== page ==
“Sanctity and Human Life” – Abortion

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from “Sanctity and Human Life”

The Assemblies of God views the practice of abortion as an evil that has been inflicted upon millions of innocent babies and that will threaten millions more in the years to come. Abortion is a morally unacceptable alternative for birth control, population control, sex selection, and elimination of the physically and mentally handicapped. Certain parts of the world are already experiencing serious population imbalances as a result of the systematic abortion of female babies. The advocacy and practice of so-called partial birth abortion of babies is particularly heinous.

Sexual responsibility
Contemporary demands for abortion often flow from the practice of sexual freedom without corresponding responsibility. The Scriptures speak definitively against pre-marital and extra-marital sexual intercourse and declare such activity to be sinful (Exodus 22:16; Acts 15:20; 1 Corinthians 6:9, 13, 18; Galatians 5:19). To add abortion as an after-the-fact birth control device is to deepen and compound the sin with resultant guilt and emotional distress. The Assemblies of God affirms the biblical mandate for sexual purity and responsibility that, when obeyed, will eliminate many, if not most, situations where abortion is considered necessary or desirable.

The personhood of the unborn
The Scriptures regularly treat the unborn child as a person under the care of God.

1. The Bible recognizes that a woman is with child even in the first stages of pregnancy. When the virgin Mary was chosen to be the mother of Jesus, an angel made this announcement to her: “[Y]ou will conceive in your womb and bear a son (huios)” (Luke
1:31, NASB). The angel then informed Mary that her cousin Elizabeth was pregnant: “Even Elizabeth your relative is going to have a child (huios, “son”) in her old age” (Luke 1:36). Scripture makes it clear that in the prenatal phase both Jesus and John the Baptist were recognized as males well before the time of delivery. Moreover, John before birth is recognized as a “baby” (brephos) (Luke 1:41, 44). This translates a Greek word used for children both before and after birth (cf. Acts 7:19). The Bible always recognizes the prenatal phase of life as that of a child and not a mere appendage to the mother’s body to be
aborted at will.

Even when pregnancy in Bible times was due to an illicit relationship, the sanctity and value of that life was not questioned. The daughters of Lot willfully became pregnant by incestuous relationships (Genesis 19:36), and Bathsheba gave birth to Solomon after an adulterous relationship initiated by King David (2 Samuel 11:5). In none of these cases are the lives of the unborn considered to be unworthy and requiring an abortion.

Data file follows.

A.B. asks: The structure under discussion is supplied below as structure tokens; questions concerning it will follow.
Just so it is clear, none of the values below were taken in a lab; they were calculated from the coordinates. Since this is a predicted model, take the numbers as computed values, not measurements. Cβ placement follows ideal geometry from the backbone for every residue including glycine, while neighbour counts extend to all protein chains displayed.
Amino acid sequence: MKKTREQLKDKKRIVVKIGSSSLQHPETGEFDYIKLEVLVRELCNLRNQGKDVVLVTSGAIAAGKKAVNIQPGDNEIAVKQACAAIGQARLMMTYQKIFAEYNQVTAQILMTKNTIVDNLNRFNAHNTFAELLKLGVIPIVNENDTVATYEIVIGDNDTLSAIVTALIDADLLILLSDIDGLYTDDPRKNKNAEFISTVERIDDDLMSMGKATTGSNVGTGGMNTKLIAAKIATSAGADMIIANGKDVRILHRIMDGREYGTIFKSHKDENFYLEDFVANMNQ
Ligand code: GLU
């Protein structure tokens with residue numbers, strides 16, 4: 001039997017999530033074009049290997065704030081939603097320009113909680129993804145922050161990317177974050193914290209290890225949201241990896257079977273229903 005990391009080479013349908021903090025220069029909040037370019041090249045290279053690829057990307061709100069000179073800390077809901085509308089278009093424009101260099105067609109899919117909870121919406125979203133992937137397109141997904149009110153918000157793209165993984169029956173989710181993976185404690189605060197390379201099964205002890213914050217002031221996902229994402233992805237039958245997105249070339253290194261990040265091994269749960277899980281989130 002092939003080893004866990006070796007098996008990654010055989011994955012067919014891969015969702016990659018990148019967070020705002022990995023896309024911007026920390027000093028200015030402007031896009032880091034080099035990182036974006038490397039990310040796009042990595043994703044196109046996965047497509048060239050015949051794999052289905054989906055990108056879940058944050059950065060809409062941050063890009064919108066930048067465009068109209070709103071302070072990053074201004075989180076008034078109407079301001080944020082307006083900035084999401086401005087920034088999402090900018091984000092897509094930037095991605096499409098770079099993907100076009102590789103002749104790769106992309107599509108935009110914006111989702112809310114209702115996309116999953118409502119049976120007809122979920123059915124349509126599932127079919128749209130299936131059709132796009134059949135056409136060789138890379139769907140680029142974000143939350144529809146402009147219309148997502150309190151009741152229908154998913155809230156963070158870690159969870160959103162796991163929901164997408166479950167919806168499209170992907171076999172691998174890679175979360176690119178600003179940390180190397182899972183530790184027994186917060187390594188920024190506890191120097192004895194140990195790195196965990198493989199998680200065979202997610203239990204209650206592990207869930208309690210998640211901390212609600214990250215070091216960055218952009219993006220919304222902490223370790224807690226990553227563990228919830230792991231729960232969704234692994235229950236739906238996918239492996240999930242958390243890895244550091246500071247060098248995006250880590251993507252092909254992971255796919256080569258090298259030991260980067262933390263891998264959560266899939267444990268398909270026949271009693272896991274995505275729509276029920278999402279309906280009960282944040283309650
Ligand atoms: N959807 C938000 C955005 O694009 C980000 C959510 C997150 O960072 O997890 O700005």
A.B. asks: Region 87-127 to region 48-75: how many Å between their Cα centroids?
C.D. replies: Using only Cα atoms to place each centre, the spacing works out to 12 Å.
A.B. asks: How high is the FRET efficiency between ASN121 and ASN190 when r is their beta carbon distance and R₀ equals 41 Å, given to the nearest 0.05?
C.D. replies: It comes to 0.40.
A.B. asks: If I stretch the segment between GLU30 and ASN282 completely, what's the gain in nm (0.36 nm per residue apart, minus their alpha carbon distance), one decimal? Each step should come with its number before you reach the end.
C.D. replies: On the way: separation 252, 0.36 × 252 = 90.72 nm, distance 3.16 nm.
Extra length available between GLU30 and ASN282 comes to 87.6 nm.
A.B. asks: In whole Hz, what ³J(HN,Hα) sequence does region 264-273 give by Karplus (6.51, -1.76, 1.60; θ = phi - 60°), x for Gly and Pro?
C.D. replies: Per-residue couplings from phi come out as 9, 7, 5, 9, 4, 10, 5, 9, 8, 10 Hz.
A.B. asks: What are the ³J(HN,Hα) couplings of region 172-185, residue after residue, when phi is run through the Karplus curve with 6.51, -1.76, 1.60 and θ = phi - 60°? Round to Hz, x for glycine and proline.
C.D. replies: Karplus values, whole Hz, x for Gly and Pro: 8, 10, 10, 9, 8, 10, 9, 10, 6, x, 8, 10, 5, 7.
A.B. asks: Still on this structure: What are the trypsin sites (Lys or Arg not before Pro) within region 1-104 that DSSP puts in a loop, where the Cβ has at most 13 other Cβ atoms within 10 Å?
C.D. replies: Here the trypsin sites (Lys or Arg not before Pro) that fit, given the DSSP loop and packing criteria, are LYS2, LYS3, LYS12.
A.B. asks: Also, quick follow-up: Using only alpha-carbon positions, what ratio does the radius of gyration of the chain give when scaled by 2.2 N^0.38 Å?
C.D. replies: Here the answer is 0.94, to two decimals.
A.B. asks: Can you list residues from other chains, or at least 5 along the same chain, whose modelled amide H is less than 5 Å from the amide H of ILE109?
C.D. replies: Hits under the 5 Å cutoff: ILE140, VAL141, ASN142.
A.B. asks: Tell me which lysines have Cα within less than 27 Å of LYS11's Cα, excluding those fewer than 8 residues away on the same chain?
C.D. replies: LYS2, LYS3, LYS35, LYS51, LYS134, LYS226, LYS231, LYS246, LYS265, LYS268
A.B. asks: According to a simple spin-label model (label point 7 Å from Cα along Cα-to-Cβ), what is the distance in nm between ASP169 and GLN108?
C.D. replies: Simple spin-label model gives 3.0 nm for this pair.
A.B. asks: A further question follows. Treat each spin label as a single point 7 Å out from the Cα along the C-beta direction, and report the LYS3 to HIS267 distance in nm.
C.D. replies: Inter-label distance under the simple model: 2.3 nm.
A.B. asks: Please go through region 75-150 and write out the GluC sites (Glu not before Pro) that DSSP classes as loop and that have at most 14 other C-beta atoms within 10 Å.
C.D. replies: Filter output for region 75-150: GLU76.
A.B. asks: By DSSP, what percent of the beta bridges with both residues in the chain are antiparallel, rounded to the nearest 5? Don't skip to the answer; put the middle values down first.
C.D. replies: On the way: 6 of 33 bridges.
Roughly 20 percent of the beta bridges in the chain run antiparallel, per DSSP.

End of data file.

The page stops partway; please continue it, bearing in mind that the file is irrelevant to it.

2. The Bible recognizes that God is active in the creative process of forming new life. Concerning Leah, the wife of Jacob, Scripture says, “When the Lord saw that Leah was not loved, he opened her womb…. Leah became pregnant and gave birth to a son” (Genesis 29:31, 32). When Job compared himself to his servants, he asked, “Did not he who made me in the womb make them? Did not the same one form us both within our mothers?” (Job 31:15). In pointing out God’s impartiality, Job said He “ ‘shows no partiality to princes and does not favor the rich over the poor, for they are all the work of his hands’ ” (Job 34:19). God spoke through Isaiah: “ ‘This is what the Lord says—he who made you, who formed you in the womb, and who will help you: Do not be afraid, O Jacob, my servant’ ” (Isaiah 44:2). And again, “ ‘This is what the Lord says—your Redeemer, who formed you in the womb: I am the Lord, who has made all things’ ” (v. 24).

David summed it up, “For you created my inmost being; you knit me together in my mother’s womb. I praise you because I am fearfully and wonderfully made; your works are wonderful, I know that full well. My frame was not hidden from you when I was made in the secret place. When I was woven together in the depths of the earth, your eyes saw my unformed body. All the days ordained for me were written in your book before one of them came to be” (Psalm 139:13-16).

3. The Bible recognizes that God has plans for the unborn child. Only He knows the potential of this new life. When God called Jeremiah to his prophetic ministry, He indicated the ordination was prenatal when He said: “Before I formed you in the womb I knew you, before you were born I set you apart; I appointed you as a prophet to the nations” (Jeremiah 1:5). When Zechariah the priest was ministering at the altar of incense, an angel announced that his wife, Elizabeth, would give birth to a son who should be called John. Then it was revealed that God had definite plans for this child. He was to be a forerunner of Jesus (Luke 1:11-17).